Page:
So that’s my list so far. Do you have any suggestions for good middle grade fantasies or mysteries?
Whenever I’m in the library, I always like to include the children’s section in my meanderings through the shelves, and always find at least a handful of middle-grade books to take home with me.
This Armchair BEA topic got me thinking about some of my recent favourites, the middle-grade novels I didn’t grow up with, the ones I discovered when I was already all grown up. And I also realize I’d like to explore the middle-grade range more than I have been – not just being content with whatever I might stumble upon when I have a chance to browse at the library (although that makes me quite contented!) but also searching out the latest middle-grade books, following more middle-grade book bloggers and reading more than just the most recent award winners.
I’ve only just embarked on this new exploration, and expect many delightful finds to come as a result, so my choices below aren’t particularly recent books, although none of them go as far back as my own childhood.
I love a good mystery, and as an adult reading middle-grade novels, it’s not that easy to find a really good middle-grade mystery. Unlike adult mysteries, middle-grade mysteries don’t tackle murder that often. As you expand out into the young adult book world, this changes, but generally speaking the middle-grade mysteries I’ve read have been mostly about robberies, burglaries, and bad guys up to no-good schemes involving burglary and robbery.
A good middle-grade author can, however, take these themes and make them as exciting as the latest Harry Hole mystery by Jo Nesbo. Yes, without any serial killers or deranged murderers. My favourites include the Herculeah Jones mysteries by Betsy Byars and Blue Balliett’s art-themed mysteries (I rave about Balliett’s The Calder Game here.)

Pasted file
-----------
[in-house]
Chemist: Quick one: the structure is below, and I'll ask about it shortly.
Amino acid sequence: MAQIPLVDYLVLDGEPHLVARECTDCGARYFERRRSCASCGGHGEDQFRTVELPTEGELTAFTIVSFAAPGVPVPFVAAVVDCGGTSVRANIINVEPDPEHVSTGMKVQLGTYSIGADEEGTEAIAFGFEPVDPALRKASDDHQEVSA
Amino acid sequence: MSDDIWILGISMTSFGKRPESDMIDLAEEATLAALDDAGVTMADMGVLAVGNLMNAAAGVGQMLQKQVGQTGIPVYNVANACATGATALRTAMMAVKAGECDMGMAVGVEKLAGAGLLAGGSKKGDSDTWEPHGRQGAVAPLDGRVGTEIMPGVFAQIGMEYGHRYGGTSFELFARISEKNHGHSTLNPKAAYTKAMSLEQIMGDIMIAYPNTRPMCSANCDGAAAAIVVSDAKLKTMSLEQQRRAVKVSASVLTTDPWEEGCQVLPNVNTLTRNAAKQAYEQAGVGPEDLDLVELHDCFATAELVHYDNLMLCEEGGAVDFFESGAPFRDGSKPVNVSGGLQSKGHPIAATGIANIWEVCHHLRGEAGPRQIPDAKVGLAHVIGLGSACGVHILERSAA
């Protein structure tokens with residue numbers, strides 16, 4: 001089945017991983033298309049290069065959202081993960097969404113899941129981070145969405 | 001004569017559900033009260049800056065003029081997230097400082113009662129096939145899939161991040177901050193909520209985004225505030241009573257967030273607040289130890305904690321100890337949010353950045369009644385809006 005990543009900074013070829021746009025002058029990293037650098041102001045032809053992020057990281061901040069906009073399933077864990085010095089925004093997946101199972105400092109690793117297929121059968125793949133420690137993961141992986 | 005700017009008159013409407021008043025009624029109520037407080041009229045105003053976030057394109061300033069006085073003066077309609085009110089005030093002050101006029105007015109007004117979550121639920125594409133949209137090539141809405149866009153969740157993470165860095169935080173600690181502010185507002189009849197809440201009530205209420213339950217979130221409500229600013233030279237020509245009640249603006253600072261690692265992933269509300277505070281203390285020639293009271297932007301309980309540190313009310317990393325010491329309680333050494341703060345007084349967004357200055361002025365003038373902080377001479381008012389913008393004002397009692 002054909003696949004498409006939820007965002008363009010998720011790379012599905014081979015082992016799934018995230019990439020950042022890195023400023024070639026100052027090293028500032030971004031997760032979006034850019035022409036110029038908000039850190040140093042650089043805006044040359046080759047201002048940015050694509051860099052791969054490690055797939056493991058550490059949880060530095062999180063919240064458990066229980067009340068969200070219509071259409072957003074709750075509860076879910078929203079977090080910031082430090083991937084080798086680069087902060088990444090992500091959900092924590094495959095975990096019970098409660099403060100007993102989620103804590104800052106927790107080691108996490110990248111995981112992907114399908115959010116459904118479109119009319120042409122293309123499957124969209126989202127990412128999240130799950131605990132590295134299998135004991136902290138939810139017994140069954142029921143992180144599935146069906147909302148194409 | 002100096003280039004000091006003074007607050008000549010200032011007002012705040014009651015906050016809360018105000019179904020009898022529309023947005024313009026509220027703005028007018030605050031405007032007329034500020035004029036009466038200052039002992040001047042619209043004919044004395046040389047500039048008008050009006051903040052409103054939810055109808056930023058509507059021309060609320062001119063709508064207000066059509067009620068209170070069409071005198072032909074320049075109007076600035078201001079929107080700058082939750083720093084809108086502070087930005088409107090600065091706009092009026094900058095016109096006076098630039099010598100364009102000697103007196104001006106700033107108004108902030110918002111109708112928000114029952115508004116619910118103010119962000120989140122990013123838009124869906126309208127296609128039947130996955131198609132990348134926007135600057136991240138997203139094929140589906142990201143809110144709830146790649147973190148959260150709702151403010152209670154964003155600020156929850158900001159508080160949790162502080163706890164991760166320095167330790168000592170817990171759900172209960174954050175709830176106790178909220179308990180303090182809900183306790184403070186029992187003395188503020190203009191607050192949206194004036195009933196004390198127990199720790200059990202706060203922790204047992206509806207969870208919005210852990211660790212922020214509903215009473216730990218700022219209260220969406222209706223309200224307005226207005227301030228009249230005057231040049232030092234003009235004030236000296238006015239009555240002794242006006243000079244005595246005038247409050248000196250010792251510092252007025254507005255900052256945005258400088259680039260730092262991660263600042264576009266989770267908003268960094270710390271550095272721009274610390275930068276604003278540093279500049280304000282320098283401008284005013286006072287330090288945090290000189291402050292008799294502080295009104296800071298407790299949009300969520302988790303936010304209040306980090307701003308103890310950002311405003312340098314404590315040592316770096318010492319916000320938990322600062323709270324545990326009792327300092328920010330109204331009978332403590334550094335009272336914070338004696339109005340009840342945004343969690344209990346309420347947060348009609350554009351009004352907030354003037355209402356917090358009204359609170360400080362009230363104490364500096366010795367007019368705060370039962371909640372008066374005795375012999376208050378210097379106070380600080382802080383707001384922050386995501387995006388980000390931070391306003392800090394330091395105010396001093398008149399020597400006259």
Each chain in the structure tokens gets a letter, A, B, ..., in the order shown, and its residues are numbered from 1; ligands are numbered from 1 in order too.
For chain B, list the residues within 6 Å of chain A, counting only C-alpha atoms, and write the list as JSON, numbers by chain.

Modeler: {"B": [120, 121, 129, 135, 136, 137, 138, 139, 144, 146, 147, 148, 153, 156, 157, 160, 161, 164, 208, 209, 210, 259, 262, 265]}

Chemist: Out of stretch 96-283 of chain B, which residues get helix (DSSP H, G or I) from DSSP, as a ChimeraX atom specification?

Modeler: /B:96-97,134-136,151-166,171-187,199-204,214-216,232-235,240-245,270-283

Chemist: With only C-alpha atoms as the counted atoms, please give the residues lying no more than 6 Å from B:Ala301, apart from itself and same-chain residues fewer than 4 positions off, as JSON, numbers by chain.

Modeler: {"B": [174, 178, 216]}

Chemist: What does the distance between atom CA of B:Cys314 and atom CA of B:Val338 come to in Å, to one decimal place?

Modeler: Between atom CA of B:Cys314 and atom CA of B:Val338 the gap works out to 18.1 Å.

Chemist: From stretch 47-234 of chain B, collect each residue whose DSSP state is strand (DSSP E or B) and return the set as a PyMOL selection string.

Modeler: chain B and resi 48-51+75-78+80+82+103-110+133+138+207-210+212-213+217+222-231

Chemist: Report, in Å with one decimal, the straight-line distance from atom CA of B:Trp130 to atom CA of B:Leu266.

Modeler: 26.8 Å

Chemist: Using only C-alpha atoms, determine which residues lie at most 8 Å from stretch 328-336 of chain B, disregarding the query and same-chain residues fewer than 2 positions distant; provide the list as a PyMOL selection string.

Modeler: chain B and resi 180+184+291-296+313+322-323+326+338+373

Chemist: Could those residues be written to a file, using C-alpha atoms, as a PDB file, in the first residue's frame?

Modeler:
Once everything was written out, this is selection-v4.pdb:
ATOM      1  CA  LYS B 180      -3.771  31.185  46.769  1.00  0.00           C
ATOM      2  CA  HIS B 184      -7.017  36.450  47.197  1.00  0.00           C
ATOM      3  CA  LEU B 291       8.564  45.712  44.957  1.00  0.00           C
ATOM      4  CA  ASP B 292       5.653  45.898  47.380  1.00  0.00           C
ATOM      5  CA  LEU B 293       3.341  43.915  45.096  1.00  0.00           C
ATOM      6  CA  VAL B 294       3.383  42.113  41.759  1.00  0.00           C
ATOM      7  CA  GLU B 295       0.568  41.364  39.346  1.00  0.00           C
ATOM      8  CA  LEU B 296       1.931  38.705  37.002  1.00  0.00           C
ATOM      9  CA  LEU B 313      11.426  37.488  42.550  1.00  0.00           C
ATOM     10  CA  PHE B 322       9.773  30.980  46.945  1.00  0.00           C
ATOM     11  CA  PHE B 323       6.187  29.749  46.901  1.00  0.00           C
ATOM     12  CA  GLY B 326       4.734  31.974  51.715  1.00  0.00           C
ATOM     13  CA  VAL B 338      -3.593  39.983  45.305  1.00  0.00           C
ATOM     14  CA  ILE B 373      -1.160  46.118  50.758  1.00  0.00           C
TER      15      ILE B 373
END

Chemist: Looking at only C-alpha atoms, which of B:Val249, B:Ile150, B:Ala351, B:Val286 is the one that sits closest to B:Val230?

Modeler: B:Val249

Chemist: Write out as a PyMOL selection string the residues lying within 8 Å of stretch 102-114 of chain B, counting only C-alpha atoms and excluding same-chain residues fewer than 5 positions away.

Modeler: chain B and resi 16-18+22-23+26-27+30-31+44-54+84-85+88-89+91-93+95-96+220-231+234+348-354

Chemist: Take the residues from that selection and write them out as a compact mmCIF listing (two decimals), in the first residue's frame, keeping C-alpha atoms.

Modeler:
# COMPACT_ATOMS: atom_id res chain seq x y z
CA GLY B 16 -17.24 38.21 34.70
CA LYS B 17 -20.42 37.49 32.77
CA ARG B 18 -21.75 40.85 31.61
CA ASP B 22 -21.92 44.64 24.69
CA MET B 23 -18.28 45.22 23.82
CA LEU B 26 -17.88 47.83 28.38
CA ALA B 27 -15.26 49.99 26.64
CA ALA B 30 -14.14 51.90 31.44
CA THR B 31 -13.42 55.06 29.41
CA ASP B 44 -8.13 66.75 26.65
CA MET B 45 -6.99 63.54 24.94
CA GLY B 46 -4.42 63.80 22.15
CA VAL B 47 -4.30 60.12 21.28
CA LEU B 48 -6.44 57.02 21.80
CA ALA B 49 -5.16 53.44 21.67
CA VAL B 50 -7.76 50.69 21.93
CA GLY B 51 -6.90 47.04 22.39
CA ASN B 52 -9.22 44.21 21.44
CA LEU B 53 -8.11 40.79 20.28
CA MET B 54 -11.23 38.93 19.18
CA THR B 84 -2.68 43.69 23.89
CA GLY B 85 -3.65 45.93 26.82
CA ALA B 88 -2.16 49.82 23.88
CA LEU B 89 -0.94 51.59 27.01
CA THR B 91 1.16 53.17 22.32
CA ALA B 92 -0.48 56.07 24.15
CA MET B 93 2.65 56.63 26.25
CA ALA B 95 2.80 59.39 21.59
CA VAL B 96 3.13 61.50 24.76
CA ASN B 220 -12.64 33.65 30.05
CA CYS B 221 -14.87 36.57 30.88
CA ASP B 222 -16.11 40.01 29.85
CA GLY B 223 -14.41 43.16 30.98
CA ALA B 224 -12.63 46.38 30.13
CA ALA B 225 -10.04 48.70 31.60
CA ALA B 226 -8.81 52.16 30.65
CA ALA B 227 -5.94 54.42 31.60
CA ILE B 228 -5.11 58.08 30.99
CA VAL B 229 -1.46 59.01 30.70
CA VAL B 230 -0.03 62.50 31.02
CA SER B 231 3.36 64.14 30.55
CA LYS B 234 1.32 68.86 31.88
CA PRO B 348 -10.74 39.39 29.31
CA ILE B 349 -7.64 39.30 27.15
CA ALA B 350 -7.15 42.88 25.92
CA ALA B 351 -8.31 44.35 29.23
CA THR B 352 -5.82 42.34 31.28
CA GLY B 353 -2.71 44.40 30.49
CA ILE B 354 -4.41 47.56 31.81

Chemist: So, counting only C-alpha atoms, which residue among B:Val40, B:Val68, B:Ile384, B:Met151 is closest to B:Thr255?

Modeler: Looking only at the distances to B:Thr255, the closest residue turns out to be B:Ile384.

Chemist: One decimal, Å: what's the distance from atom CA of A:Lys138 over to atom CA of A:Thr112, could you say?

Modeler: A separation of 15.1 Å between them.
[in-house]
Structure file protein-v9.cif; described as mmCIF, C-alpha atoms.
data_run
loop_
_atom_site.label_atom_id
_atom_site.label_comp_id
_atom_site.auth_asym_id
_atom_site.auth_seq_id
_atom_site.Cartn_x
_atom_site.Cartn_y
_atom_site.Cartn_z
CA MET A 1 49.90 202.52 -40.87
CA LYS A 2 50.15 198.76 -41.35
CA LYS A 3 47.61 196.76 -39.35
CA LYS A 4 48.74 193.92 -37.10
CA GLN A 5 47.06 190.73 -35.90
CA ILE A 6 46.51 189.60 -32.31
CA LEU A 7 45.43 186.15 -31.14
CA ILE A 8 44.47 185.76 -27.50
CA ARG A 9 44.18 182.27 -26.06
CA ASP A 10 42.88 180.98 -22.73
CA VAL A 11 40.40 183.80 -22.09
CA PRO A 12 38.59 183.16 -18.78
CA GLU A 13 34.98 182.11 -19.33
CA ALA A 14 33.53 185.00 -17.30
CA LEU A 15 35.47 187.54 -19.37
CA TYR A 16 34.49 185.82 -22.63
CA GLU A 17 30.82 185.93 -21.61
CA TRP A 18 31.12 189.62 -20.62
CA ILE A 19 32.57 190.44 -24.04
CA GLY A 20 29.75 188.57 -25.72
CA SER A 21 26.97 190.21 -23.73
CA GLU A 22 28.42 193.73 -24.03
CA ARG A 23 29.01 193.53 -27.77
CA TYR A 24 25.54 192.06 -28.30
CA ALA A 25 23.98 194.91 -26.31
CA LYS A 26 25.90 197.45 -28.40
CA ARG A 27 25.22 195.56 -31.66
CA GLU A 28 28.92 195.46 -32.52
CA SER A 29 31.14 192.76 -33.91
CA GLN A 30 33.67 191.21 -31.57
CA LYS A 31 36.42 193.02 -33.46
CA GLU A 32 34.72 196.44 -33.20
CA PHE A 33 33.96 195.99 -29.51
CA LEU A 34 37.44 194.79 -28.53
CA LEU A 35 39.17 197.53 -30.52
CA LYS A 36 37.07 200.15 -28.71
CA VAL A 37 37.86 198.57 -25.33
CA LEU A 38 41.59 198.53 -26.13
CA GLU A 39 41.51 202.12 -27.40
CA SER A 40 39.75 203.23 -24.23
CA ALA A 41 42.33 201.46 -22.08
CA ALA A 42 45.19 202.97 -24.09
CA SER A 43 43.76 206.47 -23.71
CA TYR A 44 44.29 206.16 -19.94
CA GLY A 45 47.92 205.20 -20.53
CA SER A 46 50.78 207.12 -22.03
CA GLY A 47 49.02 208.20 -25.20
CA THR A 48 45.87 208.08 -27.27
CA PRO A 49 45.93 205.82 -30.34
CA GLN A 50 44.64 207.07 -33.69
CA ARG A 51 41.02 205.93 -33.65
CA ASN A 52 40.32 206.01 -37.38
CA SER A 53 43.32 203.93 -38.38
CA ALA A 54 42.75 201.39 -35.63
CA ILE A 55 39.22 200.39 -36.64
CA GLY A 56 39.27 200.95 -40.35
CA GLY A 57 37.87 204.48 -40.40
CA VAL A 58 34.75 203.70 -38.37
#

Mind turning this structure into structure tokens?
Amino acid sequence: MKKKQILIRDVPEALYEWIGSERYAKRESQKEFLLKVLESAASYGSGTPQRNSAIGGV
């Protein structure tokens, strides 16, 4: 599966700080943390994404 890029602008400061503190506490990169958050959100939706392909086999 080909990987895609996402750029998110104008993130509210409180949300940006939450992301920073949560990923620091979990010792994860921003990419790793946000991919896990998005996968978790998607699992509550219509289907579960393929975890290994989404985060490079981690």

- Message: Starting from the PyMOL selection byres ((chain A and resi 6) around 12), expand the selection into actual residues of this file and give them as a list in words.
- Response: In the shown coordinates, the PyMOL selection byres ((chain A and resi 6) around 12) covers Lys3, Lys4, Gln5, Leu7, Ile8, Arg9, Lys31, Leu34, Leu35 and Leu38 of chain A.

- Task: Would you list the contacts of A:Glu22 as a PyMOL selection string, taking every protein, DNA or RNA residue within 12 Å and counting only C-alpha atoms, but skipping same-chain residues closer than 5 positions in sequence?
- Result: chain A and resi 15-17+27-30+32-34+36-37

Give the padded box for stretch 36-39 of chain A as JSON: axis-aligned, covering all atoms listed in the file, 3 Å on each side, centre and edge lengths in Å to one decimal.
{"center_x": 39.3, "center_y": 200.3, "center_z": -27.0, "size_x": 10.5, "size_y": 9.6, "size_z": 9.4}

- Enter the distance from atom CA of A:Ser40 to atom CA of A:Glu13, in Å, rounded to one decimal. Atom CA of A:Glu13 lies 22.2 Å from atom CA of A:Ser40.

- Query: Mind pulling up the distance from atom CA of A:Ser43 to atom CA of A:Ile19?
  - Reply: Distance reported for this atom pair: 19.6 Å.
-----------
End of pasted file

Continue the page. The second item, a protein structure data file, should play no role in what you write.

When it comes to fantasies, the middle-grade range continues to offer a fabulous selection. This was true when I was growing up, and the whole fantasy area has exploded since then, with many thanks to JK Rowling and Harry Potter. Two recent favourites of mine are Neil Gaiman’s The Graveyard Book and Jinx by Sage Blackwood (I reviewed Jinx here). Book 2 of the Jinx series, Jinx’s Magic came out earlier this year, and it’s definitely on my to-read list.
These are my two favourite genres in general, so it’s no surprise I tend to be drawn to middle-grade novels in these genres as well. I am, however, currently reading Word Nerd by Susin Nielsen, a contemporary middle-grade, and I’m enjoying it (it’s on my son’s upcoming Battle of the Books list, and we’re reading it together. It’s not really the type of book I should be reading with my eleven-year-old son, but we’re having fun with it.)
What about you? Do you read a lot of middle-grade novels? Have any must-read titles to recommend to me? I’m looking to add to my middle-grade to-read list, so any help would be appreciated!
I first came across Jinx, by Sage Blackwood, when Melissa at Book Nut posted about the state of her TBR pile. The title looked interesting, and when I read the description, I thought, “I’d like to read this!”
In the Urwald, you don’t step off the path. Trolls, werewolves, and butter churn–riding witches lurk amid the clawing branches, eager to swoop up the unwary. Jinx has always feared leaving the path—then he meets the wizard Simon Magnus.